C: Do you start with the emotion and the magic grows out of that? Or is it the other way around sometimes.

K: You know whenever I create something it comes from a totally different angle every time. Sometimes it’s a method (for doing something) first. You know like the floating rose was created out of the necessity to have a bigger act. All I had at one point was a close-up act and I was doing restaurants all the time. But I knew that I needed to get a stage act so I thought the fastest way to get there would be to take something that’s already getting a strong reaction in my close-up repertoire and modify it, trying to make it play bigger. I was doing a close-up floating bill routine at the tables and I was getting a strong reaction so I thought that’s a good place to start. Then one day I was in a bar, I was thinking ‘how can I make that routine play bigger’ and saw a bartender make a paper flower out of a cocktail napkin and it just clicked that could be the end of the routine. …

Kevin James performs ‘Floating Rose’ with a girl in the audience in The Illusionists

With that said, I started doing the trick with 20-somethings (audience members helping on stage). You know Copperfield can play the Rico Suave (doing a) ‘hey baby’ on stage – but that’s not me. I can’t play that character. … Then, one day, twenty years later, I was doing a show, and there were only a lot of kids. I picked a girl who was five or six years old and again it changed the whole vibe and took it to a completely other direction. Because you know at that age they’re so expressive: you know when something amazes them they light right up. And when the moment comes where you give her the power to make it move, she really thinks she has it, and if that’s on a big screen on stage it sends electricity through the crowd and I knew that was the way I wanted to do it. But it only took me twenty years to figure that out.

C: Twenty years well spent.

K: Yeah well, you get 97% of the routine finished and you never know how long until that last 3% arrives.

C: And that 3% can be the game changer.

K: Yeah and it was!


Kevin has made waves amongst both magicians and laymen alike with his famous black comedy ‘operation’ scene that features in The Illusionists where – without any boxes to hide in – he cuts someone on stage in half with a chainsaw and reassembles them with a staple gun.

K: I used to put a lot of restraints on my brainstorming. You know, is it too expensive? Is it too big? Do I have a place to perform it? So I would not go down certain paths if I didn’t feel that I could get it in the act right away. (Magician) Jonathan Neil Brown says if it doesn’t fit in a little box that fits under the airplane seat in front of him, it doesn’t go in the act. I think that’s taking it to the extreme. I always thought if it’s good enough, producers will pay. You know a lot of people told me not to do the operation – a LOT of people told me not to do it.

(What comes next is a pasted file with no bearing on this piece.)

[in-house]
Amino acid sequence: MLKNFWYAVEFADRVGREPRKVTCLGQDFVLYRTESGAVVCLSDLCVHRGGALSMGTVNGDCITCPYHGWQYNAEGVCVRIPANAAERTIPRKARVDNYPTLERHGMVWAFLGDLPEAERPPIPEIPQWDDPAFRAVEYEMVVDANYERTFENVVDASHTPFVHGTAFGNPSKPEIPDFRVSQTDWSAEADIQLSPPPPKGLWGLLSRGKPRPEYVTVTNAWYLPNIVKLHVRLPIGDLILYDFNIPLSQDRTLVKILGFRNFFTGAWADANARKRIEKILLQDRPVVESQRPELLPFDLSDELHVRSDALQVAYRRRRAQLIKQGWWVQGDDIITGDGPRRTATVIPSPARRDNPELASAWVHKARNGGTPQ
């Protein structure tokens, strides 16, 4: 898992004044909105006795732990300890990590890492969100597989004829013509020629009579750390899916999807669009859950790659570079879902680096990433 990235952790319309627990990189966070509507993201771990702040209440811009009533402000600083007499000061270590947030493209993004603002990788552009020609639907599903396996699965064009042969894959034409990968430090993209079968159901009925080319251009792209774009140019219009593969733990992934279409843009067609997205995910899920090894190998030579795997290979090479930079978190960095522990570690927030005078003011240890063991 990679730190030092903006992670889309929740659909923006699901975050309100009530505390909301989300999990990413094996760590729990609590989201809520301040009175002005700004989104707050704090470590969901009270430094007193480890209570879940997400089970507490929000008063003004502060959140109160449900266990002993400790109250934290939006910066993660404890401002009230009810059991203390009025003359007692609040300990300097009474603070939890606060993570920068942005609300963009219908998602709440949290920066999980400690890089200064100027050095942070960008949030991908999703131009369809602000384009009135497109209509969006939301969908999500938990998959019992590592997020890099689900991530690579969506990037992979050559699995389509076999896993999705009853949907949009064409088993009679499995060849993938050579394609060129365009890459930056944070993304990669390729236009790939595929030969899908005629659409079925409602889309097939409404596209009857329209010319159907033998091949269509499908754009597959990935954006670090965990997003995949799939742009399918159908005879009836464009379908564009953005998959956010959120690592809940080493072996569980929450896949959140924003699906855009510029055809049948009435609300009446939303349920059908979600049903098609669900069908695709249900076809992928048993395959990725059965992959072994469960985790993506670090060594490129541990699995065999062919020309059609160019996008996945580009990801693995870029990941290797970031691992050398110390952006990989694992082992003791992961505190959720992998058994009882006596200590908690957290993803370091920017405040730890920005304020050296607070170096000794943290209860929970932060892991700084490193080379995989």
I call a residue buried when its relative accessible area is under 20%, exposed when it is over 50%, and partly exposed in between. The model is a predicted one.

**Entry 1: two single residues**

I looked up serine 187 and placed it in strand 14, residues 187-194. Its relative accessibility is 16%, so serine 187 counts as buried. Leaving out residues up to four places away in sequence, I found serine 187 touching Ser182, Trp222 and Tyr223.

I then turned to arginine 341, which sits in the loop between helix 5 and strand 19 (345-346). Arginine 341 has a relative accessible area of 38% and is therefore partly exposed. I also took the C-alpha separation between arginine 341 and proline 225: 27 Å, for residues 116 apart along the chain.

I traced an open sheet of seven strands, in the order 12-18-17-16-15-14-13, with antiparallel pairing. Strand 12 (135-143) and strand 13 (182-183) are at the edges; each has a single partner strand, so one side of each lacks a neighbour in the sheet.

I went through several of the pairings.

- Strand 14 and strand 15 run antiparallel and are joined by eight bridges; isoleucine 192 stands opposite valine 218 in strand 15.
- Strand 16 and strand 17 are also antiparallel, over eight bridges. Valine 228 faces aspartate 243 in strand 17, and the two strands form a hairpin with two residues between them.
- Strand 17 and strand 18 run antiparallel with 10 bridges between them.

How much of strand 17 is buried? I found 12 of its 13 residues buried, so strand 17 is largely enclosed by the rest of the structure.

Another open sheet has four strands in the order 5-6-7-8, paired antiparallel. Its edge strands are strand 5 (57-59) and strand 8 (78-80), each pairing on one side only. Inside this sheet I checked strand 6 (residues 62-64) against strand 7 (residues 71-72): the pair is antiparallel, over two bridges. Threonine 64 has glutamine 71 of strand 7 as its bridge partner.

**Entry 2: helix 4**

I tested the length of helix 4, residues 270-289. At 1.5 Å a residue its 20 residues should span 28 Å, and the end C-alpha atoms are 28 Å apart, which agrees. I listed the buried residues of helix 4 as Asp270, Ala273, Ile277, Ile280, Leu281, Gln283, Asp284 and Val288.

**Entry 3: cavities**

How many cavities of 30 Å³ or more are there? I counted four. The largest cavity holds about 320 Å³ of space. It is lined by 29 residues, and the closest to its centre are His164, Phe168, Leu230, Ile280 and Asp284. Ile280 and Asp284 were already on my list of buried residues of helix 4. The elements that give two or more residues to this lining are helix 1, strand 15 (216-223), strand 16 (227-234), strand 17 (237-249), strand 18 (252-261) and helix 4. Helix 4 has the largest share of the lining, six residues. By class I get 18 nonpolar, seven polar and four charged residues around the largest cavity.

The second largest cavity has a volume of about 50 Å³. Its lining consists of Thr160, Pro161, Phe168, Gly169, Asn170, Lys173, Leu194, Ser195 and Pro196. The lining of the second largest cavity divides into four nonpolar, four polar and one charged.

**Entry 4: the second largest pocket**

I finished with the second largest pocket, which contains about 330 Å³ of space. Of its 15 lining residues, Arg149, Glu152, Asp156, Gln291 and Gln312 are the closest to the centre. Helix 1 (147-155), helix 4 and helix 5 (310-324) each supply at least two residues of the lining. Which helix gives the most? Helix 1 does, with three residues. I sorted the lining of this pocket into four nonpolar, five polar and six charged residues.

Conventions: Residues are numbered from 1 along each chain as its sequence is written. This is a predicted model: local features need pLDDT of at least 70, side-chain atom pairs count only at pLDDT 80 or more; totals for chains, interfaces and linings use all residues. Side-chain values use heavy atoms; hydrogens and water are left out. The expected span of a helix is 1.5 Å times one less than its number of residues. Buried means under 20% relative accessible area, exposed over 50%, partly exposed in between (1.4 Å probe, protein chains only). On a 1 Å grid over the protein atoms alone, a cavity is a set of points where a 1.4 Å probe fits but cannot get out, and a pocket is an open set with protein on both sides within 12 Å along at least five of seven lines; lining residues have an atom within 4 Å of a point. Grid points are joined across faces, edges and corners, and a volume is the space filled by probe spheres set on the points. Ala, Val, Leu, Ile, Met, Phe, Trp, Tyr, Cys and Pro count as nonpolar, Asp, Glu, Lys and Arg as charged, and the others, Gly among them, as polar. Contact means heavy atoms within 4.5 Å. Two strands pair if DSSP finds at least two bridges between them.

Kevin’s ‘Operation’ scene

C: Just because of the sheer logistics?

K: Logistics! … It’s not like anyone can do it, it takes five people to do (the operation act) on stage. Are you going to travel with five people (for one scene)? It becomes instantly prohibitive. But what I found was, if it’s good enough, producers WILL find a way to ship the props no matter how big, they’ll find a way to get dancers to help you for certain things, they’ll find a way to build it into your salary so you can pay the other people, they’ll find a way if the routine is amazing or shocking enough or special enough, producers will find a way. … So I stopped worrying about that. Then The Illusionists came along and in the first few months that I’m with them, you know the producer says what would you do on stage if size and money were no object? (Kevin makes a head explosion gesture with his hands) … you know, what about all those ideas that I thought were pie-in-the-sky that I discarded years ago? I should have written them down, taken them to the next step. You know and what I realized was that you can’t have any limitations when you’re trying to create things. Just open your mind and let anything come out. … There are ways to trim things here and there later.

C: Go for the vision and see what follows.

K: Yeah, go for the big picture.


C: That ties in to something I wanted to ask you. Of course with The Illusionists you’re being branded as ‘The Inventor’ because you’re in a rare position of presenting all your own material, which is unique for most magicians. What would you say is the inventor’s mentality? You’ve mentioned before about going through the Abbott’s Magic catalogue thinking up ways all that stuff could be done.

K: Yeah you know when I was a kid in Michigan I saw Greg Wilson, the magician Mark Wilson’s son in an edition of ‘Boy’s Life’ magazine. I was a boy scout and read Boy’s Life. And there was a big article with coloured photos of Greg, Mark and all these big illusions in this warehouse full of stuff and Hollywood TV shows and all that and I was so freaking jealous. I thought ‘why couldn’t I be born into that dynasty!?” I just thought, ‘oh my God!’